Rick Simonic is the distribution sales manager for TE Connectivity’s AD&M product lines. TE designs as well as manufactures an array of electronic components and connectors.

Simonic is responsible for TE Connectivity’s sales to and through its distribution channel in the Americas. Like Katey Wise at Newark element14, he says TE also operates under FAR — or “DFAR” as they are called when referring to defense-related metals.

“They make sure we are environmentally and socially responsible in terms of how we procure those materials,” Simonic said. “There are a lot of regulations, but frankly the majority of them are there for very good reasons. We absolutely have to adhere to them. There is no option.”

At Newark element14, Wise and her sales team are also careful to follow these regulations. In addition, there are some countries from which certain metals cannot be sourced.

“If you have metal that is melted or smelted in certain countries, you cannot sell it to the government,” Wise explained.

Counterfeiting of electronic components can also be a problem if companies are not vigilant about procuring products only from component manufacturers or their authorized distributors.

“We have to be cognizant of all those requirements,” Simonic explained. “We have to do everything we can to ensure we’re meeting all the requirements of the federal government and sovereign governments around the world. We don’t want to do business with entities that don’t adhere to the standard you would expect on a global basis.”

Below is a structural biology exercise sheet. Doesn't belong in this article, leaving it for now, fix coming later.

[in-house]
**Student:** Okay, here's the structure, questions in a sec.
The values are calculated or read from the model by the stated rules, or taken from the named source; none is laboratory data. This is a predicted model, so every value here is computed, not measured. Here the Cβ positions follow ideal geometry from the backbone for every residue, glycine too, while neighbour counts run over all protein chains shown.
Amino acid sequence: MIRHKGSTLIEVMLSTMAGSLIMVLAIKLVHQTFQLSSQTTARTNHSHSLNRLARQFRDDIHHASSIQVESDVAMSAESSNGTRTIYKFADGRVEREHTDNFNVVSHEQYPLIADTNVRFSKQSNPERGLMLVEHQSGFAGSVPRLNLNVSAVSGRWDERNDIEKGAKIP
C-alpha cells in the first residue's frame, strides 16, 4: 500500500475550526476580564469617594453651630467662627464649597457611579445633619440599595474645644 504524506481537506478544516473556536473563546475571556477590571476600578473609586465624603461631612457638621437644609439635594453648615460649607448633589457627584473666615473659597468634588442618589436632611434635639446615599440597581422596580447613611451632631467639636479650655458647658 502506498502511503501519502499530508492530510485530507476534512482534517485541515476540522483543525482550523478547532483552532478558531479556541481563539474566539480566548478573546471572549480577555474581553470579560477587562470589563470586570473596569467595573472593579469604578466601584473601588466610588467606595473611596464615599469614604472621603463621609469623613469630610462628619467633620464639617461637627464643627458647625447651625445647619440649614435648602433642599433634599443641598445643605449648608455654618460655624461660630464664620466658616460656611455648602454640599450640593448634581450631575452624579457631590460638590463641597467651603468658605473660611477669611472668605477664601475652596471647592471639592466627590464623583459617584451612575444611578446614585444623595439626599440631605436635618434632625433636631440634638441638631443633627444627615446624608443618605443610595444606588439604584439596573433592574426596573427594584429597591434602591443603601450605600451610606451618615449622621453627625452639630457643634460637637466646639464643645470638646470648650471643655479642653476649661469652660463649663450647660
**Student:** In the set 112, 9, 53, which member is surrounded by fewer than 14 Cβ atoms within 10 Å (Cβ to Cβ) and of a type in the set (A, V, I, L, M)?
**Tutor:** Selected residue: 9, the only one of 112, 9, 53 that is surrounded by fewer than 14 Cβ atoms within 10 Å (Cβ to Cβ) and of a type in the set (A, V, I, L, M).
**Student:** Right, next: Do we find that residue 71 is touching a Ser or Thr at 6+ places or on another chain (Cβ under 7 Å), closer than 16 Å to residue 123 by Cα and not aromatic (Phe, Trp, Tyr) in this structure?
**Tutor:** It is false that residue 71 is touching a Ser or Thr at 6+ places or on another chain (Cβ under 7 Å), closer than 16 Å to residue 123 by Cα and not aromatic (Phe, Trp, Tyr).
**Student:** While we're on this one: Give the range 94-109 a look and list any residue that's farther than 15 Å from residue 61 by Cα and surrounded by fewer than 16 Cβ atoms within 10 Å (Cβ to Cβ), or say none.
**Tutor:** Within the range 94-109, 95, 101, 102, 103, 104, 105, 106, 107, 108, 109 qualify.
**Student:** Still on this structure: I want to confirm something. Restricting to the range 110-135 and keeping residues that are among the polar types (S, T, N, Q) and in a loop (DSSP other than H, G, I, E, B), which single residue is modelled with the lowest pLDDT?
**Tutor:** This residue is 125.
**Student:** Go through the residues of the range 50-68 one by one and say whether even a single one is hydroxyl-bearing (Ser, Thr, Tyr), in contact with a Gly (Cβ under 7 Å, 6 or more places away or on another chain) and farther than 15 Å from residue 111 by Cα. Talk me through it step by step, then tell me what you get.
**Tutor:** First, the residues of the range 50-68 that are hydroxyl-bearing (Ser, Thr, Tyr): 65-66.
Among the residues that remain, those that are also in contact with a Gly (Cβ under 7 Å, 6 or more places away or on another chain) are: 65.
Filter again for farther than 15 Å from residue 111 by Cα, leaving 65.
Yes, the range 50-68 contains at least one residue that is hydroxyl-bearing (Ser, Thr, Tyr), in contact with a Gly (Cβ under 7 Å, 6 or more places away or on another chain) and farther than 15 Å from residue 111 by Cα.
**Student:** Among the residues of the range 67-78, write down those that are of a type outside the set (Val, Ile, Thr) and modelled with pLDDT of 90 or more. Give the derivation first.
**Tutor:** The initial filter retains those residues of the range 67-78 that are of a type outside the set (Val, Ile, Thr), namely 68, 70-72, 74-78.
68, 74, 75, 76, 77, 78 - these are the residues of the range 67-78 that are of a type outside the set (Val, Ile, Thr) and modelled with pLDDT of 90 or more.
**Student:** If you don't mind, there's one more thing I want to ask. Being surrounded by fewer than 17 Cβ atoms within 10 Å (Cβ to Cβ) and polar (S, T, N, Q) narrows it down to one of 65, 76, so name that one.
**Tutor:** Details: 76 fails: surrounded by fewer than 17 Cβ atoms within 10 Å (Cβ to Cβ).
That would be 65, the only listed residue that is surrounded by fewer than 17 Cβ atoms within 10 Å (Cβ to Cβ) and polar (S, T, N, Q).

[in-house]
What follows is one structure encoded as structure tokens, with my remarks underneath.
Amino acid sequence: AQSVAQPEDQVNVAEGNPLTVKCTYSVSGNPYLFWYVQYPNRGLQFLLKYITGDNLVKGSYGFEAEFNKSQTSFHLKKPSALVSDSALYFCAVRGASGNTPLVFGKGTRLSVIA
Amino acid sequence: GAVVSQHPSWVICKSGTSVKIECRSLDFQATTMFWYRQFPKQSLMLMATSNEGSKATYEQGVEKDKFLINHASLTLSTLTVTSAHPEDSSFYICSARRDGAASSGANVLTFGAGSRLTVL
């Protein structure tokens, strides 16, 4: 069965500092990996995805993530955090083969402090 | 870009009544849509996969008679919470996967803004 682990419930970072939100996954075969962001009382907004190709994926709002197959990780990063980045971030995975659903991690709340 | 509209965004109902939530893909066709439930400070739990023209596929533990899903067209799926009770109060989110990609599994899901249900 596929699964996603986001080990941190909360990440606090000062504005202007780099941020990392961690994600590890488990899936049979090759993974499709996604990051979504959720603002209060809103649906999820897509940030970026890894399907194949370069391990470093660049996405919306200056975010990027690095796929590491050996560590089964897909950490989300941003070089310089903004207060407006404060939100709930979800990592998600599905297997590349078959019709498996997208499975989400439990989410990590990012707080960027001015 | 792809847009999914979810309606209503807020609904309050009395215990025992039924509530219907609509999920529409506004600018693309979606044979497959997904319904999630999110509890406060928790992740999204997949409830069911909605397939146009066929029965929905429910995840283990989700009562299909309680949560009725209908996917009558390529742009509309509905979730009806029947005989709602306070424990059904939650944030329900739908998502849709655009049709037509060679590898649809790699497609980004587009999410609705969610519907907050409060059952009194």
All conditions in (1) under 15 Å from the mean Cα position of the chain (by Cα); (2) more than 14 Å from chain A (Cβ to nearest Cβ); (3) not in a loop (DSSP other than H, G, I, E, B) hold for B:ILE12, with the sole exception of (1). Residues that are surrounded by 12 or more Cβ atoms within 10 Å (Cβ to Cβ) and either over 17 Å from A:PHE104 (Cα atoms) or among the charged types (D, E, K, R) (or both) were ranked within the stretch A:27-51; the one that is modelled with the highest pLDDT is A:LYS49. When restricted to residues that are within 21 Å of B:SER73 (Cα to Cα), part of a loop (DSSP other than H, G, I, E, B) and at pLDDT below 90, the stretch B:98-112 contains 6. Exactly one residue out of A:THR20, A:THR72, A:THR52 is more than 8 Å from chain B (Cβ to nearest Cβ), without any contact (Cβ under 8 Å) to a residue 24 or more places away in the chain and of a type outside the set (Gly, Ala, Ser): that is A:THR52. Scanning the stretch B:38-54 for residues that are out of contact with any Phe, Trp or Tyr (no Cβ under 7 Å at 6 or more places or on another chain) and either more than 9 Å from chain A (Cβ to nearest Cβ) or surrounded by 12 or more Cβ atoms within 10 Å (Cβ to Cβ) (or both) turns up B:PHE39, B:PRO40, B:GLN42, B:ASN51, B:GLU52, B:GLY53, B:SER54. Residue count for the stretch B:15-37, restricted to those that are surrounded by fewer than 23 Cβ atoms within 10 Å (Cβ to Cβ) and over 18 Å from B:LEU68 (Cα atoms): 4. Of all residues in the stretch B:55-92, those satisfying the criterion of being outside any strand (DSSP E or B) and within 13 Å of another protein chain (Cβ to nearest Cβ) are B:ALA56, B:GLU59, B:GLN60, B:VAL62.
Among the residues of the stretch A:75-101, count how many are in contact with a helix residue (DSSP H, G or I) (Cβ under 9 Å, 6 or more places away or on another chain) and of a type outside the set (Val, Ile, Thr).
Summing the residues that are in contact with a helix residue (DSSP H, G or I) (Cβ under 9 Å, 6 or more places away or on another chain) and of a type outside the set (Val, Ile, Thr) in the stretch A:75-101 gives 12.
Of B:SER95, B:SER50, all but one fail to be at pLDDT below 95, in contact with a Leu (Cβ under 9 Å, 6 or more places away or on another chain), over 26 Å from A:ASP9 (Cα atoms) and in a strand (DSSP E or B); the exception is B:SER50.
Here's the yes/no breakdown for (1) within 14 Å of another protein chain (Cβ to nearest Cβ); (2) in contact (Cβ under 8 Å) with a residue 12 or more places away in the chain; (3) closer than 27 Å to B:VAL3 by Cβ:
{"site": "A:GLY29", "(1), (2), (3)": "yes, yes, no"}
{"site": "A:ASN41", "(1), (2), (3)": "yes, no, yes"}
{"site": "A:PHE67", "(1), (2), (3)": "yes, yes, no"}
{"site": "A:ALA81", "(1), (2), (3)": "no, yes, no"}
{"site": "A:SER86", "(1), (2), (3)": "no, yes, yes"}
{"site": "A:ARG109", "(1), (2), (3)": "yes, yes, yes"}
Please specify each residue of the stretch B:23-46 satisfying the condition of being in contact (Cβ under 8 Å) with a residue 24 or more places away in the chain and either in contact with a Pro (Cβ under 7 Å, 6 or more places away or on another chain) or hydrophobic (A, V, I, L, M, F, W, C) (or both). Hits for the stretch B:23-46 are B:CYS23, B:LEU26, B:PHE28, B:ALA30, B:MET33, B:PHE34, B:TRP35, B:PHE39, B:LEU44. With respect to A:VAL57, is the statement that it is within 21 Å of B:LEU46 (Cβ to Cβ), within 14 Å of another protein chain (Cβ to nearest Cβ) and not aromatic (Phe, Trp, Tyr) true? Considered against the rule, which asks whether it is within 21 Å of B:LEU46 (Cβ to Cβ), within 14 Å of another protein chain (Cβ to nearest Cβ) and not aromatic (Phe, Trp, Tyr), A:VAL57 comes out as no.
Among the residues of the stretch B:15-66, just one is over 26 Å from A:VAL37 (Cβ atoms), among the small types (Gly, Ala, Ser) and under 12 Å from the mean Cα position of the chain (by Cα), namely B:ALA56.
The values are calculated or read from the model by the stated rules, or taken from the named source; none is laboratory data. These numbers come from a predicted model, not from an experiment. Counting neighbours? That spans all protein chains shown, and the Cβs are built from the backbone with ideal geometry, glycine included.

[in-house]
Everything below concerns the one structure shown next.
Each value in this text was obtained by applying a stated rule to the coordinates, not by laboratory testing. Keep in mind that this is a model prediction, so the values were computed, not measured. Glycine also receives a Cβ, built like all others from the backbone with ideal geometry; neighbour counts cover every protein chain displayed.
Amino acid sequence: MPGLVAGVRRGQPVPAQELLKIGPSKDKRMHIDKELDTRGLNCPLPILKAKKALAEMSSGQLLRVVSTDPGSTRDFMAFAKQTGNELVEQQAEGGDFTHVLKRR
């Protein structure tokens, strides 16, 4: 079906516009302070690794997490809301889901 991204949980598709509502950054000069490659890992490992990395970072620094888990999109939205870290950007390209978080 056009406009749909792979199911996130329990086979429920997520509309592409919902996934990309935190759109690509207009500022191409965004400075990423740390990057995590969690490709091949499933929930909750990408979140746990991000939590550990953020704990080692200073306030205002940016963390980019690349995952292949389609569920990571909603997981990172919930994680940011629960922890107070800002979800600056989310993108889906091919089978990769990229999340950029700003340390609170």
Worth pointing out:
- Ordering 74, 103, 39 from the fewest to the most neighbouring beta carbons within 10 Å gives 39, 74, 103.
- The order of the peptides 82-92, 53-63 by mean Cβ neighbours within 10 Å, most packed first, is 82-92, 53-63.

Lightweight Materials In Demand

Titanium is a metal that has grown in use in making aerospace and defense-related products.

Jeff Wise is the vice president of sales and marketing at Titanium Industries, a global distributor of titanium. The company “does everything from alloy steel to stainless steel to nickel-based alloys and titanium. Aerospace is roughly 40% of our business and is the largest single segment of our business,” he explained.

“In aerospace applications, the biggest driver overall is strength-to-weight ratio. You can increase your payload in any airframe by using titanium. Corrosion resistance, thermal expansion rates, and compatibility with carbon-graphite composites are another reason.”  

Titanium has a number of uses and applications throughout the aerospace industry for a variety of reasons.